JPS5934427A * Title not available
Referenced by
Citing PatentFiling datePublication dateApplicantTitle
US4944199 *Jul 29, 1988Jul 31, 1990Mazda Motor Corp.Control apparatus for a vehicle engine equipped with an automatic transmission
US4957194 *Sep 8, 1988Sep 18, 1990Mazda Motor CorporationTorque converter slip control device
US5146891 *Dec 12, 1990Sep 15, 1992Nissan Motor Company, LimitedSystem and method for controlling fuel supply to internal combustion engine according to operation of automatic transmision applicable to automotive vehicle
US5271368 *Apr 7, 1993Dec 21, 1993Mazda Motor CorporationFuel control system for engine
US5369586 *Dec 12, 1991Nov 29, 1994Lucas Industries Public Limited CompanyMethod of and apparatus for controlling wheel spin
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Classifications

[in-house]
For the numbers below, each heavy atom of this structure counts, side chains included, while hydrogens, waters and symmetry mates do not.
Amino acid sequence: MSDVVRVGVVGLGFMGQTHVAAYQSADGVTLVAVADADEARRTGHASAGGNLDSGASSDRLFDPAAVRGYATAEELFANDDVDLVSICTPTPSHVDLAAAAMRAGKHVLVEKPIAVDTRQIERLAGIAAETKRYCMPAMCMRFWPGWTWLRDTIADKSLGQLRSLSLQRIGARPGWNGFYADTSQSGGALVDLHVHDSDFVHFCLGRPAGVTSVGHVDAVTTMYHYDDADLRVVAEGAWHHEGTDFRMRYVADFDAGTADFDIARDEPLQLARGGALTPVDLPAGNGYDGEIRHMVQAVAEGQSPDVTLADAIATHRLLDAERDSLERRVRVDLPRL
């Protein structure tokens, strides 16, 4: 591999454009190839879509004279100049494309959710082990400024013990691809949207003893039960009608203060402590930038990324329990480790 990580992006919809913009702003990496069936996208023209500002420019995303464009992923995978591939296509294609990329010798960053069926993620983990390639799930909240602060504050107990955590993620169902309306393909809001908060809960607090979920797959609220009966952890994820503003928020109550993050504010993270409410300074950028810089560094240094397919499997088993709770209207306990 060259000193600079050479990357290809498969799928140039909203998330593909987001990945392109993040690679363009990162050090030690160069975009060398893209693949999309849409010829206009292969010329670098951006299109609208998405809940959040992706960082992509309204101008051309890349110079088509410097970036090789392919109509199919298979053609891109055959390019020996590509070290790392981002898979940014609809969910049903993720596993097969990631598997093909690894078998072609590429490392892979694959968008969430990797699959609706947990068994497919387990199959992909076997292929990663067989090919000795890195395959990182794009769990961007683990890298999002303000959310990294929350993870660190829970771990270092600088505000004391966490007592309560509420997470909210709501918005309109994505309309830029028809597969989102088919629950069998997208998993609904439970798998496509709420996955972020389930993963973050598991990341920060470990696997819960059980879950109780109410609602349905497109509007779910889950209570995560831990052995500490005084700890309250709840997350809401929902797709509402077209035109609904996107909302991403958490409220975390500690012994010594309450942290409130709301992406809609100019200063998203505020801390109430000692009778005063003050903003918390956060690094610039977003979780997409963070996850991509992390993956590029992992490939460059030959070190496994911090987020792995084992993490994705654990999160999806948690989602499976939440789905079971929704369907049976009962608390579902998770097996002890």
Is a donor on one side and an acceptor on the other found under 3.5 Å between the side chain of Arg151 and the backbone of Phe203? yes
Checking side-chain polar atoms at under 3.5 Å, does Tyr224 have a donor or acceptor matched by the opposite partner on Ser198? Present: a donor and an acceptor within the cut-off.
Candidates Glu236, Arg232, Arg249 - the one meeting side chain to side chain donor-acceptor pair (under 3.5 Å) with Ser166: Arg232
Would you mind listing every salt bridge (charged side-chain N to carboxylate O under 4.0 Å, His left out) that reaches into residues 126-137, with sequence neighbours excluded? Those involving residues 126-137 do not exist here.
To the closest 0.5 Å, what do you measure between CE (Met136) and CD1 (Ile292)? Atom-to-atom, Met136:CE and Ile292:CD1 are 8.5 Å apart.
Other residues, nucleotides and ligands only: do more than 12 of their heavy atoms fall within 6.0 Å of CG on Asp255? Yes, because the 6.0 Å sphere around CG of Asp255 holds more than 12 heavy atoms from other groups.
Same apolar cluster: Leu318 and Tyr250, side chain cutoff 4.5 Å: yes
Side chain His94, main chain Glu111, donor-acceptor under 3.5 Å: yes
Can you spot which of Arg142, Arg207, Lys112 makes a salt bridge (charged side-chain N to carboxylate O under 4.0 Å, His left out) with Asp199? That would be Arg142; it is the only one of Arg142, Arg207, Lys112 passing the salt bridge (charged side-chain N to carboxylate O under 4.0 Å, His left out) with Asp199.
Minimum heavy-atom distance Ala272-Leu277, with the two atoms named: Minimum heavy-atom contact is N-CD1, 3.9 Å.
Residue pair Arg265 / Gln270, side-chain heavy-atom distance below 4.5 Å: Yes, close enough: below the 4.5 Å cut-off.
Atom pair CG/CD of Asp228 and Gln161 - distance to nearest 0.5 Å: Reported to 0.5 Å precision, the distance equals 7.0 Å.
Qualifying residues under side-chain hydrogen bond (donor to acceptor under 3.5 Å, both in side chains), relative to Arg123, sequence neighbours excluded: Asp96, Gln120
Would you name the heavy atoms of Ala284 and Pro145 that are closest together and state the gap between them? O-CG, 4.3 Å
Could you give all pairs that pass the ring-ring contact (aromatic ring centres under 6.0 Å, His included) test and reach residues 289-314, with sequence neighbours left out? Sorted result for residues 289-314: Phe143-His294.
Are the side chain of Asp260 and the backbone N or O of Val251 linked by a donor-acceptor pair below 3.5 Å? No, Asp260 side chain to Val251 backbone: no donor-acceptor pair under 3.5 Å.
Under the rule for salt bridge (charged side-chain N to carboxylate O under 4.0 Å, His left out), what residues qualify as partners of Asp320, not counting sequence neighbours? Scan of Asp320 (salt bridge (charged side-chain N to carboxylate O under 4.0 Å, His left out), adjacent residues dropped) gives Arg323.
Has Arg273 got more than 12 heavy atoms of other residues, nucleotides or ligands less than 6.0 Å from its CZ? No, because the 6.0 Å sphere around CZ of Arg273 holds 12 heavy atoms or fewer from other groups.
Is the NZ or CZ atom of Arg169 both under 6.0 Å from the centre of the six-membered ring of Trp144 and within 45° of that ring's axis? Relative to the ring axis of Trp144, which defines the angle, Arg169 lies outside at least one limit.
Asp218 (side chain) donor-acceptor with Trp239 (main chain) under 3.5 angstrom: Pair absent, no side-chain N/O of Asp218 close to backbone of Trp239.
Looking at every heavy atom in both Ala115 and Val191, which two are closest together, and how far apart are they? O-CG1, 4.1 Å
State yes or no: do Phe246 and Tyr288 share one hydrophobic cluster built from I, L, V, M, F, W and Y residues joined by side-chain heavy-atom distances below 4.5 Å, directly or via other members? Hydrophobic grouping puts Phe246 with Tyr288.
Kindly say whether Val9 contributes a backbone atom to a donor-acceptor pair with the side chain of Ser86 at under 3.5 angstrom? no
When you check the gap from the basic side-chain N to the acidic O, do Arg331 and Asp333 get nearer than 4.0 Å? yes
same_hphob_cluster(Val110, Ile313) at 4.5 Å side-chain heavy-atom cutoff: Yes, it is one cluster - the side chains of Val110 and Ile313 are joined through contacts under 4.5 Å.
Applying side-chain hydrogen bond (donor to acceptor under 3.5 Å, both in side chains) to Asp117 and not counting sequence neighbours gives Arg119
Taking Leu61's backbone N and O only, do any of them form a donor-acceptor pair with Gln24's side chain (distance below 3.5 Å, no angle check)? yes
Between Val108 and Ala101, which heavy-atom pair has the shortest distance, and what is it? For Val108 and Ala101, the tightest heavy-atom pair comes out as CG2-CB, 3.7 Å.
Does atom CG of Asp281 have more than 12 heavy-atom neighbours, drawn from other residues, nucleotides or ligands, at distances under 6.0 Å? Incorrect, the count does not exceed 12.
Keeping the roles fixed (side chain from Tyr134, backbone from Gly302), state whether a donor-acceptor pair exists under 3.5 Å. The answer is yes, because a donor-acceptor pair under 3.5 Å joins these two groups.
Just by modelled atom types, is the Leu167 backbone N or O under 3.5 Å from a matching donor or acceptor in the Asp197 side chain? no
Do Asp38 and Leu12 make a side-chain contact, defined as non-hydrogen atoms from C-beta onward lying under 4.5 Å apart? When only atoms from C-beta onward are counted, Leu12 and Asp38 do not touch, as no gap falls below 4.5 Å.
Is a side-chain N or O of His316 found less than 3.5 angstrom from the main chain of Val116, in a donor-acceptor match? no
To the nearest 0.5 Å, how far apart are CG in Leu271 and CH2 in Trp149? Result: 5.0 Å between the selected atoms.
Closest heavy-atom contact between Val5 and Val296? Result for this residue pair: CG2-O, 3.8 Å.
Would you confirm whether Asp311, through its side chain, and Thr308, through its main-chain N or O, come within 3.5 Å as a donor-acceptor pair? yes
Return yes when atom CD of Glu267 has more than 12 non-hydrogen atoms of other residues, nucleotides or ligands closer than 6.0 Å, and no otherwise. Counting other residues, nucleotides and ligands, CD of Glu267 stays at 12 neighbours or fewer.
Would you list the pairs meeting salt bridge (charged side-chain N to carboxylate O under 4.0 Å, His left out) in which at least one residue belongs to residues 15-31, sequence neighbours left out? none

U.S. Classification123/325, 123/493
International ClassificationF02D41/12, F02D41/00
Cooperative ClassificationF02D41/123
European ClassificationF02D41/12B
Legal Events
DateCodeEventDescription
Jun 5, 2000FPAYFee payment
Year of fee payment: 12
Jun 4, 1996FPAYFee payment
Year of fee payment: 8
Feb 16, 1993FPExpired due to failure to pay maintenance fee
Effective date: 19921208
Jun 1, 1992FPAYFee payment
Year of fee payment: 4
Jan 25, 1988ASAssignment
Owner name: MAZDA MOTOR CORPORATION, 3-1, SHINCHI, FUCHU-CHO,
Free format text: ASSIGNMENT OF ASSIGNORS INTEREST.;ASSIGNOR:IIDA, MASAMICHI;REEL/FRAME:004859/0500
Effective date: 19870312
Free format text: ASSIGNMENT OF ASSIGNORS INTEREST;ASSIGNOR:IIDA, MASAMICHI;REEL/FRAME:004859/0500
Owner name: MAZDA MOTOR CORPORATION, A CORP. OF JAPAN, JAPAN